Last week, Canonical had made the rather controversial decision to stop supporting 32-bit packages
for future releases of Ubuntu. The outcry within the community was quite strong, especially in the gaming community because of the high use of 32-bit applications.
Canonical responded to the outcry
and is pushing a compromise to the issue. According to them, it is relatively easy to continue including select packages "for which there is a specific need
". This seems to be specifically directed at Wine and Steam that both cannot operate correctly without 32-bit libraries.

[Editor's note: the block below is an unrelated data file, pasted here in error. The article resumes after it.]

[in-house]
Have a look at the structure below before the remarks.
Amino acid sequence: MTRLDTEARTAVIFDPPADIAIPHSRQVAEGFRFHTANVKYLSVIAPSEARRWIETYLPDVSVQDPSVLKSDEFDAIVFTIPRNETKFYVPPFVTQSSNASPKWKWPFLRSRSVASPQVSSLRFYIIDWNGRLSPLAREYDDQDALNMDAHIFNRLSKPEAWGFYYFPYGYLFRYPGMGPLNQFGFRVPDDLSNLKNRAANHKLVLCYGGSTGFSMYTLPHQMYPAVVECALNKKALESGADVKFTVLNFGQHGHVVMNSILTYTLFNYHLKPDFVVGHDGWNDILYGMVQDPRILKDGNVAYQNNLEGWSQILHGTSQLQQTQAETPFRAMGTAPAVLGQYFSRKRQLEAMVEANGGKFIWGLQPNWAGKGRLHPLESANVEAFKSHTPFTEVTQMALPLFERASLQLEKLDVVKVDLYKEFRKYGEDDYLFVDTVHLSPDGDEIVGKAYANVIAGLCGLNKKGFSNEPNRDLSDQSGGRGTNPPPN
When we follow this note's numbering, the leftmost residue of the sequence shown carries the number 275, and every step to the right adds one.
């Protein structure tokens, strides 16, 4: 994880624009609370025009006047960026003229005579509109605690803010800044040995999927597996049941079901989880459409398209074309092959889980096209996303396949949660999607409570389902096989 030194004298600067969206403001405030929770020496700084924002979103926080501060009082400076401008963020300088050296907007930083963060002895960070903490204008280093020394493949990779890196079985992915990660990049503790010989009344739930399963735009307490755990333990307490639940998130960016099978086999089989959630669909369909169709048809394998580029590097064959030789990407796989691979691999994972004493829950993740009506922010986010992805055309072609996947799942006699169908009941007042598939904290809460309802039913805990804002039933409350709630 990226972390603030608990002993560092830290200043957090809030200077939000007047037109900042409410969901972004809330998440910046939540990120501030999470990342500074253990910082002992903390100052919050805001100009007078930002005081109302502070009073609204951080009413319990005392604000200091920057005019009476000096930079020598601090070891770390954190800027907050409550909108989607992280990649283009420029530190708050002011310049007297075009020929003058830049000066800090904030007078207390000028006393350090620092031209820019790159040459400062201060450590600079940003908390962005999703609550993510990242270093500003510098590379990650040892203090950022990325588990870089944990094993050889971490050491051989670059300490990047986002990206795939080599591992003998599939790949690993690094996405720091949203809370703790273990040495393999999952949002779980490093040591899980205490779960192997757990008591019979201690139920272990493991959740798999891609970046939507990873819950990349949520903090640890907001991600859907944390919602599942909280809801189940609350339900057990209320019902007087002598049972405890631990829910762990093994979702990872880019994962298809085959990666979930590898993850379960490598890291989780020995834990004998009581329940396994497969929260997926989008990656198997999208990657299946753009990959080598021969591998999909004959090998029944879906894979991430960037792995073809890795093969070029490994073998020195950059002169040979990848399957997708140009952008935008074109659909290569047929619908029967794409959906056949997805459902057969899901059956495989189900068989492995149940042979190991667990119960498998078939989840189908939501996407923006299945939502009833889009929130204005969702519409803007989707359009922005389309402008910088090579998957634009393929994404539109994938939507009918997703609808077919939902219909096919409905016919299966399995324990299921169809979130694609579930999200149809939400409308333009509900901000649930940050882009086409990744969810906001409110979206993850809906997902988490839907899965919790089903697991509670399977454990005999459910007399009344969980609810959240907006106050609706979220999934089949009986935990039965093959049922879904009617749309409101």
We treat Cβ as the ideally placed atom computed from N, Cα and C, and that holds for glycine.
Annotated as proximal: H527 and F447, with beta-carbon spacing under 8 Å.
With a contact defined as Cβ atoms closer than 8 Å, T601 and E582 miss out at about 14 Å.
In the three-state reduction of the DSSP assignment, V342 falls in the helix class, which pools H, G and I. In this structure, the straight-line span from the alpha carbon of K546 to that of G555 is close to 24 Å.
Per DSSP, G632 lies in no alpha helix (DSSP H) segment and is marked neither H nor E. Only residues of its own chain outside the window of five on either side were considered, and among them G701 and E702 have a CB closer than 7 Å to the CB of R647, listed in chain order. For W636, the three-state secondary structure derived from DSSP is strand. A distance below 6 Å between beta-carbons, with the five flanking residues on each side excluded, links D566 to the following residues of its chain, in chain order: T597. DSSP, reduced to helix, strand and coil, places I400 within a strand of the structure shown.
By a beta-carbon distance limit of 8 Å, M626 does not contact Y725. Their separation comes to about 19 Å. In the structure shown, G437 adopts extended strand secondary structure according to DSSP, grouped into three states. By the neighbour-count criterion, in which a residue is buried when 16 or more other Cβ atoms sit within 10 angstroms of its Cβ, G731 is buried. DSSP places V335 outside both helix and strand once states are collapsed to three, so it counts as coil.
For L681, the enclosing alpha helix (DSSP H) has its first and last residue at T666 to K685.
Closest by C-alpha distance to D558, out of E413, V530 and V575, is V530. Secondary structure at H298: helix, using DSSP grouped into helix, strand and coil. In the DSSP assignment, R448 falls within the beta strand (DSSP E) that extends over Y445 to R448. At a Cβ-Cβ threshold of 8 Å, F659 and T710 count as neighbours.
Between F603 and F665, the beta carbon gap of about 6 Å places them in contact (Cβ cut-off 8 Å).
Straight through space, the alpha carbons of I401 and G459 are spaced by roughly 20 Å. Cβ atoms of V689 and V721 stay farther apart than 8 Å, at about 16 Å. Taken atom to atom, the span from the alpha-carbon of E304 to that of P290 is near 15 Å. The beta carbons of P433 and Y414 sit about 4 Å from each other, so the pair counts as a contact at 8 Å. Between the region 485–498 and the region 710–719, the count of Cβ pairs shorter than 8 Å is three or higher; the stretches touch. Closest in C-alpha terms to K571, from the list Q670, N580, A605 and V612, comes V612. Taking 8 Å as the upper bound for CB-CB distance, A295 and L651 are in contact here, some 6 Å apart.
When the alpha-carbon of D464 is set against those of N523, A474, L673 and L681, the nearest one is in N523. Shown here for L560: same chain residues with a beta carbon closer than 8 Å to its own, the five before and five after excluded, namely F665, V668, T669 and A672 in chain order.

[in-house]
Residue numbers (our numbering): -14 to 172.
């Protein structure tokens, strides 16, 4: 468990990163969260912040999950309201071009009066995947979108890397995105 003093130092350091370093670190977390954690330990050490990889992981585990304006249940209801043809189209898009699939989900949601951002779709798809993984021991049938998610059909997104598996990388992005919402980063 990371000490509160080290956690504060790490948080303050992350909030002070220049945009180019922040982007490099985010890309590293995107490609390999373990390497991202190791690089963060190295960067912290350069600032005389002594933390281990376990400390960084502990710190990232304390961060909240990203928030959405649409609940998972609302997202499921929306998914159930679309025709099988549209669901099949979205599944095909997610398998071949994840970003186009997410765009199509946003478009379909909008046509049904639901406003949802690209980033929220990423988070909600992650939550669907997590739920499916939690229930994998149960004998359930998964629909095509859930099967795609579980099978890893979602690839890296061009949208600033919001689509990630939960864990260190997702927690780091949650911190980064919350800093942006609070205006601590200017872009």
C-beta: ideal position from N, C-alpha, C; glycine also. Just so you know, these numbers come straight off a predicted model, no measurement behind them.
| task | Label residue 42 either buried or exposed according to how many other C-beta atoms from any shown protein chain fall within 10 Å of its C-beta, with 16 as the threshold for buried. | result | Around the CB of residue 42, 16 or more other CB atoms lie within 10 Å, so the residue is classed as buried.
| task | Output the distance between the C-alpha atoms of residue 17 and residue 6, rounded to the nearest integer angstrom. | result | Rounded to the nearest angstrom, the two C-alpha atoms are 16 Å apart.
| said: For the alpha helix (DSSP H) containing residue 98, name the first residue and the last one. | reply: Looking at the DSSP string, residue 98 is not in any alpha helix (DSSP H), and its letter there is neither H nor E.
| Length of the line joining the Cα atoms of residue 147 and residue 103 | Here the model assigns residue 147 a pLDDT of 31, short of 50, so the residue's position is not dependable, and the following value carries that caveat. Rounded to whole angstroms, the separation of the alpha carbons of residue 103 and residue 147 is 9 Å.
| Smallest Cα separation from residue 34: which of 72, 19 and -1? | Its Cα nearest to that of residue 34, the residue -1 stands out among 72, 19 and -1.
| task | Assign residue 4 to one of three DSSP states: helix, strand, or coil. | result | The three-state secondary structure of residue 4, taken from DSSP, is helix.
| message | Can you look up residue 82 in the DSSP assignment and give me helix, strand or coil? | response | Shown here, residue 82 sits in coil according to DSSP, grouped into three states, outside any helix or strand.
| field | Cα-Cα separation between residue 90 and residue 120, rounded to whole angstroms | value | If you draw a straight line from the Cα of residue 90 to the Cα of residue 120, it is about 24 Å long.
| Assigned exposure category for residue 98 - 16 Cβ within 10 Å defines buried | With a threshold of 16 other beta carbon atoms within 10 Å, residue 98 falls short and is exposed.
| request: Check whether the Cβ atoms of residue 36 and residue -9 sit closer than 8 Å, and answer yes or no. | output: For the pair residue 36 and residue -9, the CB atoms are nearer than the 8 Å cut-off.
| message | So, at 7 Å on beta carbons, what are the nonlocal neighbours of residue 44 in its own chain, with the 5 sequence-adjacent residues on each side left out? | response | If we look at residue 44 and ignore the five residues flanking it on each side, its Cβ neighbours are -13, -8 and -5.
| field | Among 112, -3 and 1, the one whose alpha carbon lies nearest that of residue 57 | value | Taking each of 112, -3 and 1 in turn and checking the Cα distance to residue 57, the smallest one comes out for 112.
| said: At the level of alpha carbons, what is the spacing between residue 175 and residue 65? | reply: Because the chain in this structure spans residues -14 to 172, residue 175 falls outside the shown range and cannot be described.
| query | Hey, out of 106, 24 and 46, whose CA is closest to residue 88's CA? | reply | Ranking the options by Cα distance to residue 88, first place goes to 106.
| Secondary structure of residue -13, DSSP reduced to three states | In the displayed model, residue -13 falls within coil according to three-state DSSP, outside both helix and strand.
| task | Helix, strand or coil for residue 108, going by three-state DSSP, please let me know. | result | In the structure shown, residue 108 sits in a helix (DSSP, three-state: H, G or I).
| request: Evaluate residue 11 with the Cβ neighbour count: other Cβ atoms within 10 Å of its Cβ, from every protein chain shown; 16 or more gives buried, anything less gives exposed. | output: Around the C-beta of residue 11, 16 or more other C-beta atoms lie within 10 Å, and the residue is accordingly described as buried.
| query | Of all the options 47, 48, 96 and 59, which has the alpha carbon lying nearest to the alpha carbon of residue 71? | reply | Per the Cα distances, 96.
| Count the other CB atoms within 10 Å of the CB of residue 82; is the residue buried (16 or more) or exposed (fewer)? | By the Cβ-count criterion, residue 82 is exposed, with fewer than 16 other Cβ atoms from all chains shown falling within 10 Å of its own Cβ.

They go on to say that the decision to drop 32-bit support has been in discussion since as far back as 2014 and they even directly consulted with Valve. Considering Valve's reaction last week this seems a little strange. Communication on this issue clearly could have been handled much better.
It's nice to see that Canonical is still considering the needs of Desktop users. Ubuntu will be a lot of people's first experience with Linux and a smooth experience is important for those users.